Active recovery has numerous benefits, including a decrease in post-exercise stiffness by reducing lactic acid buildup in the muscles, improving mood, relieving fatigue, and counteracting inflammation by promoting blood flow. It also improves endurance and training by maintaining the heart rate at an even pace.
The next time you’re recovering from a workout, consider swapping the remote for a walk!
Though quick and efficient workouts aren’t a new concept, now more than ever people are over-scheduled, overbooked and overworked. It’s no wonder that keeping up a healthy habit, like working out, can seem daunting! In fact, lack of time is the number one reason individuals don’t work out. That’s why express workouts are expected to be a top fitness trend in 2020.
The length of these workouts can vary, but they’re usually 30 minutes or less. Going to the gym, or working out in any capacity doesn’t need to be long and time-consuming - it can actually be quick and efficient!
Here are some examples of express workouts:
- Express circuit: 8 minute warmup, 12 minutes of strength training and 10 minutes of cardio
- Group fitness classes: most gyms offer express workouts you can do during lunch, including Zumba, spinning, yoga and HIIT
- 30 minutes of cardio: treadmill, jog outside, stationary bike, or elliptical
- Circuit training, which involves performing different exercises (anywhere from 5-10) that target different muscle groups. An example of a circuit would be having a “station” for each: push-ups, sit-ups, squats, bicep curls, and lunges.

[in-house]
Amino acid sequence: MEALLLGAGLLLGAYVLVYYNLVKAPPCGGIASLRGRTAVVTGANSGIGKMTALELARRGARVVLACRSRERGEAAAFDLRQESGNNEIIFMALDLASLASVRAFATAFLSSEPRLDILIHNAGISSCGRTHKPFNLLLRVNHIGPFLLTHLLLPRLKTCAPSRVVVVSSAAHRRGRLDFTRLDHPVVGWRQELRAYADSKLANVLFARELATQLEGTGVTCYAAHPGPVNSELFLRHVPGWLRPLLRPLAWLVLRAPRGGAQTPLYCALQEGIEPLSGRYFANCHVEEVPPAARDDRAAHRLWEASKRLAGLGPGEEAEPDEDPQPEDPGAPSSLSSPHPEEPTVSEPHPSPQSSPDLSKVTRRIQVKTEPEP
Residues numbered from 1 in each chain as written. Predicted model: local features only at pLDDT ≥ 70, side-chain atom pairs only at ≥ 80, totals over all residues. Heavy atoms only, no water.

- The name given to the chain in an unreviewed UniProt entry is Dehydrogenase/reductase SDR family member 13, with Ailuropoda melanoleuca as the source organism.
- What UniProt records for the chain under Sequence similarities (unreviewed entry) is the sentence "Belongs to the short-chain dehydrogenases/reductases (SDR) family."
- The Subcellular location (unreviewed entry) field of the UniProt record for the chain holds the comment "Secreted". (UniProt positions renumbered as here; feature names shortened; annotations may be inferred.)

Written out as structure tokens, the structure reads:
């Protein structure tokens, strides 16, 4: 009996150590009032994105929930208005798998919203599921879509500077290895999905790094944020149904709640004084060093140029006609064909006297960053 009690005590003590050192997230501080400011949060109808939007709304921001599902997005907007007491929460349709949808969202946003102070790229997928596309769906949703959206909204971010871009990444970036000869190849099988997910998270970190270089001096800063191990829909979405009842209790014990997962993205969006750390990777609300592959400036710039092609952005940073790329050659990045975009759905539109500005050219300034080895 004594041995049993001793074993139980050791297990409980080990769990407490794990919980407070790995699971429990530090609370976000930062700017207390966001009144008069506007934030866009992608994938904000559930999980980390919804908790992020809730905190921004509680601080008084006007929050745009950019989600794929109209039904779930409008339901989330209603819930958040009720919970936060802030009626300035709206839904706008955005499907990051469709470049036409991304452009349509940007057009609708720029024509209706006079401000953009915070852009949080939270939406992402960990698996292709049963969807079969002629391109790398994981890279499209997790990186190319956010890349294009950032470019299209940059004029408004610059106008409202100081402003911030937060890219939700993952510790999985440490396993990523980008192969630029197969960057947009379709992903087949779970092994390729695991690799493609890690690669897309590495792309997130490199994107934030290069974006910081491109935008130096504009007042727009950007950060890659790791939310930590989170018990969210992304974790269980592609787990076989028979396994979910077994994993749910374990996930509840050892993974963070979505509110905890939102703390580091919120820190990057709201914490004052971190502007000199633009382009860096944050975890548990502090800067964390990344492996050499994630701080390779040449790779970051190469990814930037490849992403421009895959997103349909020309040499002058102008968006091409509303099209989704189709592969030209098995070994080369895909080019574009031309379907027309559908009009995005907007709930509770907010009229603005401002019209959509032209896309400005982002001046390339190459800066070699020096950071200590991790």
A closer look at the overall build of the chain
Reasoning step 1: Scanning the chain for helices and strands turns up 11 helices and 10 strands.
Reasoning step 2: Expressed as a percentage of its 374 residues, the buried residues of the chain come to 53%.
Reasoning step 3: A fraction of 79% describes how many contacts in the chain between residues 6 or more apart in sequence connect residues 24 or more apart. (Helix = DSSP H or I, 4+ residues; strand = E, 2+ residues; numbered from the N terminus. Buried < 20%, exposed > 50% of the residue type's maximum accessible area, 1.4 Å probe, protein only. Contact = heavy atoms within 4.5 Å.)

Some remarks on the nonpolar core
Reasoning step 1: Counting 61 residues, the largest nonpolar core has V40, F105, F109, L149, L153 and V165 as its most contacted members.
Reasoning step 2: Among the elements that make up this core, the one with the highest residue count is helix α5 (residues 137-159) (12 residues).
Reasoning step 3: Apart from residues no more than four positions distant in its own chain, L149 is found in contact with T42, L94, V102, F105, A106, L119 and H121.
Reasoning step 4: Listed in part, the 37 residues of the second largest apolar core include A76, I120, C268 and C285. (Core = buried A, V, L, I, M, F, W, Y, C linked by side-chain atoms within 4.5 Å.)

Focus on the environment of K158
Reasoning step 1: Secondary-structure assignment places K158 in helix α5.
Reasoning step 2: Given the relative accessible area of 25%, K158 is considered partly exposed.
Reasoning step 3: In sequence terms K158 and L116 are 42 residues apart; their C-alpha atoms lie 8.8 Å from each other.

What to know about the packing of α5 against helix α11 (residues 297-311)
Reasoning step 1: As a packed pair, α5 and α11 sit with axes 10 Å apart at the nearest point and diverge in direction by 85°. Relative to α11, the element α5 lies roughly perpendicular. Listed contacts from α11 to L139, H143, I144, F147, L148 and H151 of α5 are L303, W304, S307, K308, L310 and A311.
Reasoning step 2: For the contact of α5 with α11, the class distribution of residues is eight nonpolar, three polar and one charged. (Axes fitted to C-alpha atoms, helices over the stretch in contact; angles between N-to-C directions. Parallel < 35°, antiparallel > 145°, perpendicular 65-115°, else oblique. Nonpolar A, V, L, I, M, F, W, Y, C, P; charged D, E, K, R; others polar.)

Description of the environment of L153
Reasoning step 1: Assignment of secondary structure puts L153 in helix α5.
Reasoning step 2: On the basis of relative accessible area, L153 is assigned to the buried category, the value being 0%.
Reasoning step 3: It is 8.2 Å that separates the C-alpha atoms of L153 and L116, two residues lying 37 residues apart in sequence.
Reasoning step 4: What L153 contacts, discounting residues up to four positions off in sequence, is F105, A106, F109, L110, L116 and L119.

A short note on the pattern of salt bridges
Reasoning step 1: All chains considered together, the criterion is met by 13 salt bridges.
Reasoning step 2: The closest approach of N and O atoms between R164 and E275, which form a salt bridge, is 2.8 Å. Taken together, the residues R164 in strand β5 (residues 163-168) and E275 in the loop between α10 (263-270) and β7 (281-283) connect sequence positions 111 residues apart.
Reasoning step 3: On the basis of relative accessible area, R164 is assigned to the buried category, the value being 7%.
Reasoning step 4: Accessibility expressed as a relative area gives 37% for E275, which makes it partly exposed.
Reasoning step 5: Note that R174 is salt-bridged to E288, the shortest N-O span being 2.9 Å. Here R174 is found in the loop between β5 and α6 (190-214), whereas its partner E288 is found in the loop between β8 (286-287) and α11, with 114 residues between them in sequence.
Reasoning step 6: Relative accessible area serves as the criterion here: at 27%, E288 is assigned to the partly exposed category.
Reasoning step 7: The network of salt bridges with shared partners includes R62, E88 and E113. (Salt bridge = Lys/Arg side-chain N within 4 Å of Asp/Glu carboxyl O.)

Benefits of choosing an express workout include boosting your metabolism (especially if you alternate between weights and cardio), having a variety of workout options, and working multiple muscle groups at the same time. It’s also a great option for beginners, as it’s recommended they ease into a routine with shorter workouts.
The next time you’re in an afternoon slump or feel like you don’t have enough time, try incorporating an express workout into your routine!
Nutritional and Healthy Eating Programs
While working out and recovery are important aspects of any fitness routine, we can’t overlook the importance of nutrition. Whether you’re looking to lose weight, enhance performance, or just maintain a healthy lifestyle, nutrition and eating healthy are key. While nutritional and healthy eating programs have been around for awhile, they’re gaining even more popularity in 2020. No matter the workout or sport, what you feed your body impacts your performance and is especially important for athletes before a big game.
Nutritional and healthy eating programs include adopting healthy practices, such as eliminating smoking, eating well and consuming less alcohol. The main goal is well-being in all aspects of life, not just in the gym. It also doesn’t mean going on a “fad diet” for a quick fix. Adopting a nutritional and healthy eating program can involve:
- Reducing sugar intake
- Emphasizing fruits and vegetables
- Knowing what works well for your body (i.e. dairy, gluten intolerance)
- Making sure you’re getting enough hydration
- Noticing how your eating habits make you feel. For example do you feel energized, lethargic, content, anxious, etc.?
Benefits of adopting a nutritional and healthy eating program include maintaining a healthy weight, warding off disease, improving your immune system, increasing vascular function, having more energy, sleeping better and much more!
It’s important to remember with nutrition and fitness trends that there’s no “one size fits all”. Different bodies require different things based on goals, preferences and the ability to sustain habits long-term, so it’s important to listen to your body’s needs and consult a professional if you need guidance.
When athletes incorporate these fitness trends, it’s important for sports medicine professionals to track injuries, treatments, health status and more with an Athlete Electronic Health Record (EHR) like Presagia Sports. Easy-to-use and secure solutions like these enable sports medicine professionals to help manage their athlete’s performance and recovery, so they can do their best.
Please note that we are not nutrition or fitness experts, and you should always consult a qualified professional on what’s best for you.